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Macau’s visitor base is shifting from select VIP gamblers to a broader group of middle-class Chinese citizens, but its profits continue to rise as breadth of spending beats depth.
Macau, the world’s casino capital, raked in 31.3 billion patacas ($3.92 billion) in gambling revenue in April thanks to strong spending by Chinese visitors keen to place their bets in the country’s only legal casino hub.
Gambling revenue growth in Macau, a special administrative region like neighbouring Hong Kong, was up 10.6 percent in April, beating analyst estimates of 6-8 percent growth.
A Portuguese colony until 1999, Macau earns the equivalent of Las Vegas’ annual haul in less than two months. Annual revenues reached a record $45 billion in 2013, elevating the tiny territory high above rival gaming destinations.
Gambling appetites are seasonally more subdued in April ahead of a national holiday week in May when record swathes of visitors are expected to travel to Macau, a tiny territory one-third the size of Manhattan.
While 2013 saw rapid gambling revenue growth, analysts have tempered expectations for the coming year due to macro economic uncertainties in China and the potential for slower credit growth that could impact liquidity of the VIP segment.
The VIP segment, made up of high-rollers from the mainland, has for the past several years driven the bulk of Macau’s casino business, making up 70-80 percent of overall gaming revenues.
However in the past year, lacklustre growth has seen the VIP segment usurped by the rise of China’s burgeoning middle class who now account for more than a third of total revenues.
Junket operators, who loan Chinese VIPs millions of yuan to play in Macau, have come under increased scrutiny over the past year as a crackdown on corruption by Beijing has prompted a closer eye on their lending practises.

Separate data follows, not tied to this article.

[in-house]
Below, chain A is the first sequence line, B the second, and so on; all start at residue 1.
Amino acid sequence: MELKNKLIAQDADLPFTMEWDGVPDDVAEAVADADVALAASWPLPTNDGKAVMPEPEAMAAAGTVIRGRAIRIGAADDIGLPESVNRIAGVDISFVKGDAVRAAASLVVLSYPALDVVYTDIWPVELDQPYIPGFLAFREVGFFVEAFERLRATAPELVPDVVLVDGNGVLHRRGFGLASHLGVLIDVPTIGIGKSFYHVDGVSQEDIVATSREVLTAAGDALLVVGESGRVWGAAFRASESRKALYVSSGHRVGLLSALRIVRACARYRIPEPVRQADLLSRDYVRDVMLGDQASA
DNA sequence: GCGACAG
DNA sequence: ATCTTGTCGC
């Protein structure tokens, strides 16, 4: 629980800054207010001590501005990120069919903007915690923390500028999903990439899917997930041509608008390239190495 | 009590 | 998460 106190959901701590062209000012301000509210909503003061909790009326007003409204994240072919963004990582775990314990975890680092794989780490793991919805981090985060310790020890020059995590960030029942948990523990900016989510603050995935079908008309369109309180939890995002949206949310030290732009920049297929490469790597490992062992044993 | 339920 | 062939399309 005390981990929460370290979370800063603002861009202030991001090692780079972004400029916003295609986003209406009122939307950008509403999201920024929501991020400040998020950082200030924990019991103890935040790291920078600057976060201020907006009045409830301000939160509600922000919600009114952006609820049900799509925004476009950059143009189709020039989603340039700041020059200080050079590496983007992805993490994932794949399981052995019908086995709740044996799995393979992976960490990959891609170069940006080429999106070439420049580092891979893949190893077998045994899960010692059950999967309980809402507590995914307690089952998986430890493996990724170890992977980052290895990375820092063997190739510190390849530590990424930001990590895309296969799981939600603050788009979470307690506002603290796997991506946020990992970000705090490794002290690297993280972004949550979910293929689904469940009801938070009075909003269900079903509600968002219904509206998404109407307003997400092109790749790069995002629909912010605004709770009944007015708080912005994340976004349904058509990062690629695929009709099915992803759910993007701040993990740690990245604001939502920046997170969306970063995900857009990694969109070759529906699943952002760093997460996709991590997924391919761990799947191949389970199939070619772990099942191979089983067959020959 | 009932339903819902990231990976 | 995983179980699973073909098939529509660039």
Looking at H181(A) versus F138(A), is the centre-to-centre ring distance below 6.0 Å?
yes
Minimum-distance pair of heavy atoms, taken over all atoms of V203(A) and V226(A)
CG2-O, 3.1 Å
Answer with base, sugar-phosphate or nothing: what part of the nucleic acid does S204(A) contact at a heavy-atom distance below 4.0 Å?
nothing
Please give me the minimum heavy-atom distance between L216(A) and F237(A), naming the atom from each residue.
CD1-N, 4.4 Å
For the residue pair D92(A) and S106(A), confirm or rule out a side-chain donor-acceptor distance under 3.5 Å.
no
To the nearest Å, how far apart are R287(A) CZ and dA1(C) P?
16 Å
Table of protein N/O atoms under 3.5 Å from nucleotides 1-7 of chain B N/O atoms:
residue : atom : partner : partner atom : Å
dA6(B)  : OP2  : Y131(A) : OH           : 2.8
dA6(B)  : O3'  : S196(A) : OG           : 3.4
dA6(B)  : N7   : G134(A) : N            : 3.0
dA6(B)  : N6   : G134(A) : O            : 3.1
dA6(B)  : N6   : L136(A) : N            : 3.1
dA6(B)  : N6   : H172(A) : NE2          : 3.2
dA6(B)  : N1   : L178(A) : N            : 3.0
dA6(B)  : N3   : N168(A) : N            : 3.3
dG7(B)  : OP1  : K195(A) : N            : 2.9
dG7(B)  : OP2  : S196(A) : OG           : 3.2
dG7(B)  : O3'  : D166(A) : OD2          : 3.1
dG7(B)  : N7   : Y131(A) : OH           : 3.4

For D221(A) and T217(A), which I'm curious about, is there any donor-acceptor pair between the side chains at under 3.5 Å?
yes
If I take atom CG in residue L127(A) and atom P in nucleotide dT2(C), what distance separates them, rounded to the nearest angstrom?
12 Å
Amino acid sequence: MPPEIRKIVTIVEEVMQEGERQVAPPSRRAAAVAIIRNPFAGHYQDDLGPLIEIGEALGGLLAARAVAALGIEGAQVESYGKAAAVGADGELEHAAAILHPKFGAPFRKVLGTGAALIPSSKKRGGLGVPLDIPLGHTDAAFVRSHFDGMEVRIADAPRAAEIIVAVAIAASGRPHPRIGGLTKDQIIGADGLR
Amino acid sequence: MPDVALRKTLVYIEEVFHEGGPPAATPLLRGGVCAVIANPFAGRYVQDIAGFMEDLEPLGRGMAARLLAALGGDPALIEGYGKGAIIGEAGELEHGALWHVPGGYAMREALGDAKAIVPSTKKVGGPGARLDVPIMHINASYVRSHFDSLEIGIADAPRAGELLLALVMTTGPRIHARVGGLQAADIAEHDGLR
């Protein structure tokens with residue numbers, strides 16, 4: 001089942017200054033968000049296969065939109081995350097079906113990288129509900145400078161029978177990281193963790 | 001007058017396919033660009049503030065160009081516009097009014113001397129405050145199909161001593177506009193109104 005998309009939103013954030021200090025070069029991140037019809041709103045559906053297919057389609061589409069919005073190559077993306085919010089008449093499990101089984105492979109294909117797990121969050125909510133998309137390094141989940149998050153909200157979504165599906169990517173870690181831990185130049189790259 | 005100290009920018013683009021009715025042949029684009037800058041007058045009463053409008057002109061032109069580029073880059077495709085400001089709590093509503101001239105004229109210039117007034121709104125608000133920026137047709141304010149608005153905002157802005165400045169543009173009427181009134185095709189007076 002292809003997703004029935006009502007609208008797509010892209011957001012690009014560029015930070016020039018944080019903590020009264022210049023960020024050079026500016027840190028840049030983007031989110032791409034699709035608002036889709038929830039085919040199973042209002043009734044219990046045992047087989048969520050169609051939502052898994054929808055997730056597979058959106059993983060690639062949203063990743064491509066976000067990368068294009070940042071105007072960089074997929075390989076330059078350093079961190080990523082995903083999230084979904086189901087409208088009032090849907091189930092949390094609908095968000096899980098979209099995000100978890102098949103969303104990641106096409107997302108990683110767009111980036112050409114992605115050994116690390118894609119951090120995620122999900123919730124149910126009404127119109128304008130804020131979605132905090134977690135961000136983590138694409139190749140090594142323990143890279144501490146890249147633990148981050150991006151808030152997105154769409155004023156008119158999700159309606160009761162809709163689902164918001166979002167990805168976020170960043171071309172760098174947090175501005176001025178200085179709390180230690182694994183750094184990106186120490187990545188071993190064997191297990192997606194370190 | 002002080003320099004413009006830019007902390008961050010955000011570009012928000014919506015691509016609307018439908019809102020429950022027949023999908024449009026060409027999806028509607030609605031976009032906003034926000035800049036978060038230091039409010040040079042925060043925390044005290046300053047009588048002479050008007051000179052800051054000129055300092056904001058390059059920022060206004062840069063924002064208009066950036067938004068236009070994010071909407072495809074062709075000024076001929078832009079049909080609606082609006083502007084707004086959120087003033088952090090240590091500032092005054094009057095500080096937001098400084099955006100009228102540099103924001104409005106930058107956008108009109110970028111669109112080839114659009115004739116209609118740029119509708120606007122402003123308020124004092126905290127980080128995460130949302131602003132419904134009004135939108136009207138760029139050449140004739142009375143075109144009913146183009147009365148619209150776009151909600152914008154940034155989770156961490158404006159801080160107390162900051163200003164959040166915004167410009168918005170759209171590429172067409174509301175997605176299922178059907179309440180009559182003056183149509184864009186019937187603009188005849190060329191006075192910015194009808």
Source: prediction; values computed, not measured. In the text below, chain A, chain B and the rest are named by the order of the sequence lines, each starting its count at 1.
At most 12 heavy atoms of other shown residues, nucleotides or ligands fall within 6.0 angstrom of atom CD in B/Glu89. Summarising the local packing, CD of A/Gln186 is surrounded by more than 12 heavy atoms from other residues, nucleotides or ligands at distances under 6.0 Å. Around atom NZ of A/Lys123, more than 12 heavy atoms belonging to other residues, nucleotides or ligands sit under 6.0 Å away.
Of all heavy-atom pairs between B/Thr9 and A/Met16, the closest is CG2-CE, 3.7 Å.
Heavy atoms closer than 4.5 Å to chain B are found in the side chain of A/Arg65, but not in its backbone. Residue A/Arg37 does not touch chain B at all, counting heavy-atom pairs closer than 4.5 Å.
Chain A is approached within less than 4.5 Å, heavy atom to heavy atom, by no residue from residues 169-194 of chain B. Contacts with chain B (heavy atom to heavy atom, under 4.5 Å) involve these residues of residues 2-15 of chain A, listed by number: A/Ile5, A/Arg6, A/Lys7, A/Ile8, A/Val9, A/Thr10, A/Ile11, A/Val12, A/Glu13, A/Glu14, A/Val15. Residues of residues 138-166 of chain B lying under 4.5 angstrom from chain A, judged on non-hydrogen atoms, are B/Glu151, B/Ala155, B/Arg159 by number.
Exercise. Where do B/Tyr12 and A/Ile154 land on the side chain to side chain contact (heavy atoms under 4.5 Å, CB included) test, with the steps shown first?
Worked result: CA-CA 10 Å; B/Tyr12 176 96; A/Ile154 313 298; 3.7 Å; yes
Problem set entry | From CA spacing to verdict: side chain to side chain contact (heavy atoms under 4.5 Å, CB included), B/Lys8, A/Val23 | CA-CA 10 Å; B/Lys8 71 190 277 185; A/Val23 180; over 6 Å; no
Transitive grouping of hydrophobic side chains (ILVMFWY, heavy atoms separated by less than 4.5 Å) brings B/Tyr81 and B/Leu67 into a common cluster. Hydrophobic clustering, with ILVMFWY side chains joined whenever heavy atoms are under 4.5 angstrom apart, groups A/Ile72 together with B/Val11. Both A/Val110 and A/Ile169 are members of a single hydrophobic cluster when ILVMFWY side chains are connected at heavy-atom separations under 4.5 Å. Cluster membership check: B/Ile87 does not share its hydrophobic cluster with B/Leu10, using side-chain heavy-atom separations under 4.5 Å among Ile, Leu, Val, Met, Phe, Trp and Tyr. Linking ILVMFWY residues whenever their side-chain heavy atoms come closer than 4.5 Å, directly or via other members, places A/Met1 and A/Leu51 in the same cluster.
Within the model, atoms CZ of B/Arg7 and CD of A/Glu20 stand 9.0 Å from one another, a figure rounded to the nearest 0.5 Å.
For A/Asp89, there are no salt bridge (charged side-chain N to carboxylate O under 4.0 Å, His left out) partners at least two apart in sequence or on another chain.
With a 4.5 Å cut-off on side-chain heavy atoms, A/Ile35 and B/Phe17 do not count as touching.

A recent high profile arrest of a large shareholder of a Macau junket operator in March and the disappearance of a small-scale junket investor in April has dampened sentiment for the high-roller segment with analysts predicting tighter liquidity and less risk-taking as a result.
Charlene Liu, an analyst at HSBC in Hong Kong, said the impact of the disappearance of a junket operator who left with HK$8 billion-HK$10 billion ($1.03 billion-$1.29 billion) may surface in the gaming revenue numbers in mid-May.
While the junket sector can yield huge revenues, the flows are more volatile and less profitable for casino operators who are forced to pay the operators hefty commissions.
One of the world’s fastest-growing economies for the last three years, Macau has been a gold mine for gaming operators like U.S. billionaires Sheldon Adelson and Steve Wynn. Their companies, Sands China and Wynn Macau, are expanding on Macau’s Las Vegas-style Cotai strip along with the four other licensed operators – MGM China Holdings Ltd , Melco Crown Entertainment Ltd, Galaxy Entertainment Group Ltd and SJM Holdings Ltd .
While no new casinos are set to open in Macau this year, the gambling hub will see the opening of eight new resorts over the next three years.
Low penetration and improving infrastructure developments that will shorten the journey from the mainland to Macau are likely to continue to drive visitor growth and demand for gambling, analysts say.
Across the water from Macau’s gleaming casino towers is Hengqin island, a plot of land three times the size of Macau that China is developing into a leisure and innovation hub.
Expansion in Macau and the surrounding area comes as rival gaming destinations from the Philippines to Vladivostok in Russia set up casino resorts to lure wealthy Asian punters.
Local authorities and top officials in Beijing are pushing to diversify Macau away from its reliance on gaming. The expansion of facilities for entertainment, retail and conventions are intended to attract a wider visitor base who come to Macau for leisure and tourism rather than to gamble.
Editing by Matt Driskill.
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